A wild fish, below, has an intact
the adipose fin has been
removed from a marked fish, above.
Mass marking is a technique used to distinguish
hatchery-produced chinook and coho salmon
from wild fish.
Marking offers fishers an obvious way to
tell if their catch is a hatchery fish which
may be kept, or a wild salmon which must
be returned to the water. Marking allows
fishing to continue on hatchery stocks,
while protecting wild fish in waters where
the two stocks intermingle.
Hatchery fish are marked by removal of
their adipose fin, a small fin on the fish’s
back near the tail.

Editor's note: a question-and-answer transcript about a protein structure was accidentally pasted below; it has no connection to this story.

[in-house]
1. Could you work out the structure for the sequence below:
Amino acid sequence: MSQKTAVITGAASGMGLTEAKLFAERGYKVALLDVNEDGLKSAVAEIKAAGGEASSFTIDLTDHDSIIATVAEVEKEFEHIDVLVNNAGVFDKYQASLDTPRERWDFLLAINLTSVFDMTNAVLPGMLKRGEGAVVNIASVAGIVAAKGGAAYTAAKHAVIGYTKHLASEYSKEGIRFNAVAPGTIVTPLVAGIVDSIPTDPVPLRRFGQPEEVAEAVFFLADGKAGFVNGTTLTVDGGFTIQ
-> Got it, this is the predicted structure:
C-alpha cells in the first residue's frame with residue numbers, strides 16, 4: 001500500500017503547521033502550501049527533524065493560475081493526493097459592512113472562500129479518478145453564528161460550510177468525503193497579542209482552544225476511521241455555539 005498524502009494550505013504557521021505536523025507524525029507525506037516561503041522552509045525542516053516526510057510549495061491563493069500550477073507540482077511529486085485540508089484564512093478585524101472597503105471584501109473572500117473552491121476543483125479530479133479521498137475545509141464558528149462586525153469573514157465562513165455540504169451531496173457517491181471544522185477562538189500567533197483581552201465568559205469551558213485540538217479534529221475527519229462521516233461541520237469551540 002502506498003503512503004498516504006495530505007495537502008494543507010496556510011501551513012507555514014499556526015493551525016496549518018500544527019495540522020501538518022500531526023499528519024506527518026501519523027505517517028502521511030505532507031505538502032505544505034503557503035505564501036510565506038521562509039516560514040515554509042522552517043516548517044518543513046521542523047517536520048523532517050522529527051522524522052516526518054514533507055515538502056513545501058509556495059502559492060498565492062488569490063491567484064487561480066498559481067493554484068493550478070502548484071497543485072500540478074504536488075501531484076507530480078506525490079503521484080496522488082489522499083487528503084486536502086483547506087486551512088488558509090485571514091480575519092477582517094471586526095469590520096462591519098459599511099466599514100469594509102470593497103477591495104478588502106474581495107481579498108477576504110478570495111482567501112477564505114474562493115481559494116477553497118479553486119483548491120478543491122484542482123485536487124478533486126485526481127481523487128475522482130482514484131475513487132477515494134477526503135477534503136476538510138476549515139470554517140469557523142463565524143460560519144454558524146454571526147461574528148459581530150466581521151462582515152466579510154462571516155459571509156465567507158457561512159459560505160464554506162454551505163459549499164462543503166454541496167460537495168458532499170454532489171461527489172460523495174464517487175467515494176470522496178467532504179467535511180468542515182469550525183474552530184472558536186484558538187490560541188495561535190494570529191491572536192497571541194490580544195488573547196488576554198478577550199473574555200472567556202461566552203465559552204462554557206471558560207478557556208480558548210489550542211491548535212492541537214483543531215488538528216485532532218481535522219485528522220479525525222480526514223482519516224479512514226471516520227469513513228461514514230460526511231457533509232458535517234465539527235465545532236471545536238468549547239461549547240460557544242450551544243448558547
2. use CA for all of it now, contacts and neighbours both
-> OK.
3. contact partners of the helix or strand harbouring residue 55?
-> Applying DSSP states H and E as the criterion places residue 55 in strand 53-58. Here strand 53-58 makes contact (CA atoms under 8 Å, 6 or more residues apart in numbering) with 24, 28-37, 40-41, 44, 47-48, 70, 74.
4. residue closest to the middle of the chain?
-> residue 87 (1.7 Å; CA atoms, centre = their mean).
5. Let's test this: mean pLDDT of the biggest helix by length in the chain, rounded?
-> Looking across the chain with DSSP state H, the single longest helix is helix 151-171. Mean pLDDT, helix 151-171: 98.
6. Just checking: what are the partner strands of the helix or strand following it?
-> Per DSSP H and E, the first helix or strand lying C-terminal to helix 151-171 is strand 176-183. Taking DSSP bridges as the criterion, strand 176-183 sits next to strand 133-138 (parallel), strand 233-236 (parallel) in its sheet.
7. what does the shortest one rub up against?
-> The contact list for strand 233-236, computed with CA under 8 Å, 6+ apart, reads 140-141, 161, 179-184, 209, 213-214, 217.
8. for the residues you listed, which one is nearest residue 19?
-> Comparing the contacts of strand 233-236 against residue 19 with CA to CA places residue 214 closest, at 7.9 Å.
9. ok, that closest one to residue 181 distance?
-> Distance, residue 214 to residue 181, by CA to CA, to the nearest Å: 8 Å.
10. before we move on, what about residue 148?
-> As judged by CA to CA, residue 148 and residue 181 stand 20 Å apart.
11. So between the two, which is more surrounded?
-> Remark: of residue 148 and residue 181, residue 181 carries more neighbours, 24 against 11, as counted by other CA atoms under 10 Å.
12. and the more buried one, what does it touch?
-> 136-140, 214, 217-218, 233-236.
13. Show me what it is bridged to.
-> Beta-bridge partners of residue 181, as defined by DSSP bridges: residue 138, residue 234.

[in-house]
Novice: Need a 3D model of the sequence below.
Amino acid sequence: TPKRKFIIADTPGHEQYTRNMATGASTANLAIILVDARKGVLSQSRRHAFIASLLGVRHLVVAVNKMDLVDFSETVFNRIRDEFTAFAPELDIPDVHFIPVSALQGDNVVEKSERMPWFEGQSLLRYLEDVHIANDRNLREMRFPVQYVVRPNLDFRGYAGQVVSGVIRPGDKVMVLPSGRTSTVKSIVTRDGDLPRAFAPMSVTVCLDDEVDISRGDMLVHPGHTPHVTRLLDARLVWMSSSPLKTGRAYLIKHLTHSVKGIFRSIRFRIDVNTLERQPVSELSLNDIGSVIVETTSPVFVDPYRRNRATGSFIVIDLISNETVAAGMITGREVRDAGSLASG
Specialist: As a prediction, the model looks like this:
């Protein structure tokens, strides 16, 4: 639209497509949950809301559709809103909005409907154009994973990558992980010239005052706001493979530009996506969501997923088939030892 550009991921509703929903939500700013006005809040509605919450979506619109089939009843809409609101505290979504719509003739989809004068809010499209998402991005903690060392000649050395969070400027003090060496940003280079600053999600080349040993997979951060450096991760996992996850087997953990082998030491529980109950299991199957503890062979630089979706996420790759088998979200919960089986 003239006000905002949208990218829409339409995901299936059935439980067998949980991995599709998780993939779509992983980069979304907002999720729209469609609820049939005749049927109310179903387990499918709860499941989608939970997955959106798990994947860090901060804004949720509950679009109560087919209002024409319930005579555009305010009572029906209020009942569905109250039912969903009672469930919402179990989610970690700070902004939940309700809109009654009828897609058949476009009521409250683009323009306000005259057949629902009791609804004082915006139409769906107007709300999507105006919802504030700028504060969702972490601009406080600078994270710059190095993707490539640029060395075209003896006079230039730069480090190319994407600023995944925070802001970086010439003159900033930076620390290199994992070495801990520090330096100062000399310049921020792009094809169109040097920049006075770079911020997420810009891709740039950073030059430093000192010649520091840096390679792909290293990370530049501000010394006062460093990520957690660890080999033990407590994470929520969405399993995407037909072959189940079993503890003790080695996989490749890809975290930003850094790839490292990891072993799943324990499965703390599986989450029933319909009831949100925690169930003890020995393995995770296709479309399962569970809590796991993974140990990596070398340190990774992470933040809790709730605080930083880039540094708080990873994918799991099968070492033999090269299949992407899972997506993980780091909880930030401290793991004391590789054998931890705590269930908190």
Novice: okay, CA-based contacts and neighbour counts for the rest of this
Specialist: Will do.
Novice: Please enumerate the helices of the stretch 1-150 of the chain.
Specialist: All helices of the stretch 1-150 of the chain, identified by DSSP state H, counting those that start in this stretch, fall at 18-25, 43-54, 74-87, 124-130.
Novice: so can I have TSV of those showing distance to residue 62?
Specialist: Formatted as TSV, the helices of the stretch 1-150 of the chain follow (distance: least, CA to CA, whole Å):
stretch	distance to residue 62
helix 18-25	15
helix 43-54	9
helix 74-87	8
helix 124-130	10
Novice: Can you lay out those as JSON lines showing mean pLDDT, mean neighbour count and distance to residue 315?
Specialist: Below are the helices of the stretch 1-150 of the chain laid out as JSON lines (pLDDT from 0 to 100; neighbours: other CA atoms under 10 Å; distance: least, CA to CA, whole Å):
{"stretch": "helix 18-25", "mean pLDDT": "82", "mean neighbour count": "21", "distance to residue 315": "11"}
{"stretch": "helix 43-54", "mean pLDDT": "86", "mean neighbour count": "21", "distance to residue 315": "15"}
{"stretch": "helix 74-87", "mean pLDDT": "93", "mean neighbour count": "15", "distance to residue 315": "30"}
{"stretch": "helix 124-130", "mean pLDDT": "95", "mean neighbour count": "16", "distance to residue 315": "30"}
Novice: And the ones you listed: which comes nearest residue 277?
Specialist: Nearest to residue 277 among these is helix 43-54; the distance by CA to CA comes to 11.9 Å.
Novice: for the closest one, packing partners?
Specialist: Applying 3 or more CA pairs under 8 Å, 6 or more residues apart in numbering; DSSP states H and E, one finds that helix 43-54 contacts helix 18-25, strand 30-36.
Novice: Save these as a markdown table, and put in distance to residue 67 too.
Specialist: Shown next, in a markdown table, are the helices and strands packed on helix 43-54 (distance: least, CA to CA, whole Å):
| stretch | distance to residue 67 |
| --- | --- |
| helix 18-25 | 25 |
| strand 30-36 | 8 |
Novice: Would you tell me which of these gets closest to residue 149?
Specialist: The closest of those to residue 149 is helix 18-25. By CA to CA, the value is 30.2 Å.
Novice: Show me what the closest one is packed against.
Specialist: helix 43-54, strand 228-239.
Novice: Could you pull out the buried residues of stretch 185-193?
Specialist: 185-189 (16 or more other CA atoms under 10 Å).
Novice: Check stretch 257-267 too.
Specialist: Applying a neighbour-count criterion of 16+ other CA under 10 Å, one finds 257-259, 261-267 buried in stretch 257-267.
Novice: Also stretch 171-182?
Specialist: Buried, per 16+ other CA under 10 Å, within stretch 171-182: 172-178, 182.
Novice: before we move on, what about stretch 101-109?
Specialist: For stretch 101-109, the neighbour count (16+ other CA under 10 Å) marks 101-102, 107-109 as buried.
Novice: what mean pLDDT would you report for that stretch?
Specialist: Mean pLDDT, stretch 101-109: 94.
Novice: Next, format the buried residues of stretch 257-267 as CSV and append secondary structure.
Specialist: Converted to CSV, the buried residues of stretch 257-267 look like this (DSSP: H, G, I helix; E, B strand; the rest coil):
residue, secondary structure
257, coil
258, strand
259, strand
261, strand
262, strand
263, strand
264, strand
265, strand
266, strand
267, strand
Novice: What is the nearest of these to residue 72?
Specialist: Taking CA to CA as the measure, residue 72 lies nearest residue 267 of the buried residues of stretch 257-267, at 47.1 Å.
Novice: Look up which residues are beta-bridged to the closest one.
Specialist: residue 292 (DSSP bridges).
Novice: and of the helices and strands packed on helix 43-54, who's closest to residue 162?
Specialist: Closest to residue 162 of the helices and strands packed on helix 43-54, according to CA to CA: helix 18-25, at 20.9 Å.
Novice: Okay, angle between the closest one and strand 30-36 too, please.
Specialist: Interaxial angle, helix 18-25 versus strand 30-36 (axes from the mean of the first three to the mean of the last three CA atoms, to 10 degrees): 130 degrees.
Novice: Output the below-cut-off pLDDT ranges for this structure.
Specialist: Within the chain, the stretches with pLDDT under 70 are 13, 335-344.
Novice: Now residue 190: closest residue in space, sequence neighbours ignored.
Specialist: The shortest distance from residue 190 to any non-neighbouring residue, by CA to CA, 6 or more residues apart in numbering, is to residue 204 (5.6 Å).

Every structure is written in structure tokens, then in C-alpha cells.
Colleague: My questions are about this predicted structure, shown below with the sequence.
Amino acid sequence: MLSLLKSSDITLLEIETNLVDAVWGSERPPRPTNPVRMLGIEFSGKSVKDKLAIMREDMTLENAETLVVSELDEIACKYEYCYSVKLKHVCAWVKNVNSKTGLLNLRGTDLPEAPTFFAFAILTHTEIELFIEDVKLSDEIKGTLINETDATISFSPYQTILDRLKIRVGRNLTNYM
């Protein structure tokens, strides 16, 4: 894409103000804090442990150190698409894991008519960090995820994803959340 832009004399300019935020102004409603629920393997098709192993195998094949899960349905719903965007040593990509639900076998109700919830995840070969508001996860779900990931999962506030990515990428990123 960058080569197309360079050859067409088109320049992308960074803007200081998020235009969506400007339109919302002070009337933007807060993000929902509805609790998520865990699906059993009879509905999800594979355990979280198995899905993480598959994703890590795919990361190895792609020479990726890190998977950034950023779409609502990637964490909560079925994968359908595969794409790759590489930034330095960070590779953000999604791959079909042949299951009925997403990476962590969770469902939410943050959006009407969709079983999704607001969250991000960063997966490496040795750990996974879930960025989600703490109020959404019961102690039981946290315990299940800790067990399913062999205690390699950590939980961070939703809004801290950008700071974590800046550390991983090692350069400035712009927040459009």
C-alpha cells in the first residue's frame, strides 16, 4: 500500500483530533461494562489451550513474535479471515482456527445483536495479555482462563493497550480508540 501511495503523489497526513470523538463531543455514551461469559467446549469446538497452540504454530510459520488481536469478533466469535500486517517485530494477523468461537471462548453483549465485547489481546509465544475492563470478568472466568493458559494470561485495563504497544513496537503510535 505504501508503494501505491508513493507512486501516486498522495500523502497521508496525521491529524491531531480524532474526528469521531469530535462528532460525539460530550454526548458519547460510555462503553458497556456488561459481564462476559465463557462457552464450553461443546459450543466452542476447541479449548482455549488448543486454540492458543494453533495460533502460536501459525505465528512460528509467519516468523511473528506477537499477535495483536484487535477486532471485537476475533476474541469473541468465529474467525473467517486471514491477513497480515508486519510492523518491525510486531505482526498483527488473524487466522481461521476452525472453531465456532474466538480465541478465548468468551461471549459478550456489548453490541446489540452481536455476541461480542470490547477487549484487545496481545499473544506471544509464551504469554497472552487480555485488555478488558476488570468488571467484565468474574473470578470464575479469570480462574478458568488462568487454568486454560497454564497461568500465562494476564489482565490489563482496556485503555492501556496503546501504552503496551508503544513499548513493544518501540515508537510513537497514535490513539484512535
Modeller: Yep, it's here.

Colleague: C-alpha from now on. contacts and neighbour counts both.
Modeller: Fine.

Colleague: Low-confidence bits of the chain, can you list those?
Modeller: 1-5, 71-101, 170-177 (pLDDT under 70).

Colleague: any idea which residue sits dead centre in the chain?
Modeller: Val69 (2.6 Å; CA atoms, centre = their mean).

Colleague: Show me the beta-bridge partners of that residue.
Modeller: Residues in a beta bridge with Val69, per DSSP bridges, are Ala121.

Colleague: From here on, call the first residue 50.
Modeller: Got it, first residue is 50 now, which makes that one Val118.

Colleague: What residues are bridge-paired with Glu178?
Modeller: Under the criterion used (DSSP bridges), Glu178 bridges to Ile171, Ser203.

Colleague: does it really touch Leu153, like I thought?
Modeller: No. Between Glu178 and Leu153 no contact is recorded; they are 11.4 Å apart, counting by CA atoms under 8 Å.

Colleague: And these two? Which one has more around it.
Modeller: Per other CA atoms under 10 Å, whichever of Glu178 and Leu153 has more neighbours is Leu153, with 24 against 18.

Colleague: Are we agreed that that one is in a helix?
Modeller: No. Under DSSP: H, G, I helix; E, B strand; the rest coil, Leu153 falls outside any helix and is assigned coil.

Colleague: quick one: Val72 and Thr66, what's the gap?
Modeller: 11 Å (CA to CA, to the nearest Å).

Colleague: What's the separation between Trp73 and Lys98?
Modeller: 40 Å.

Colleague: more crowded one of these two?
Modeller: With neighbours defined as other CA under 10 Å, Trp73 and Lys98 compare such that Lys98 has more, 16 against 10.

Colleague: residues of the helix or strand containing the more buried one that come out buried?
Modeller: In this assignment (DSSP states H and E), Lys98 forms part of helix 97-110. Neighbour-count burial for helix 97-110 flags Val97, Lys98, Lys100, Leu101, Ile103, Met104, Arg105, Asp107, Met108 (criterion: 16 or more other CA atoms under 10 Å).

Mass marking has been used by the Department
of Fish and Wildlife since 1996.
Until recently, all marking was done by
hand. To mark a larger number of fish, the
Department of Fish and Wildlife is beginning
to use an automated fish marking system.
The new mass marking machine is housed in
a trailer which can be moved from one hatchery
to another when marking is underway.
The marking machine, which can mark 7,000
fingerlings per hour, or two fish per second,
uses a flow of cold water to attract fish
to a chute where mechanized gates separate
them and hold them for individual fin clipping.
A tiny camera and special software helps
position the clipper and verifies that the
adipose fin is removed.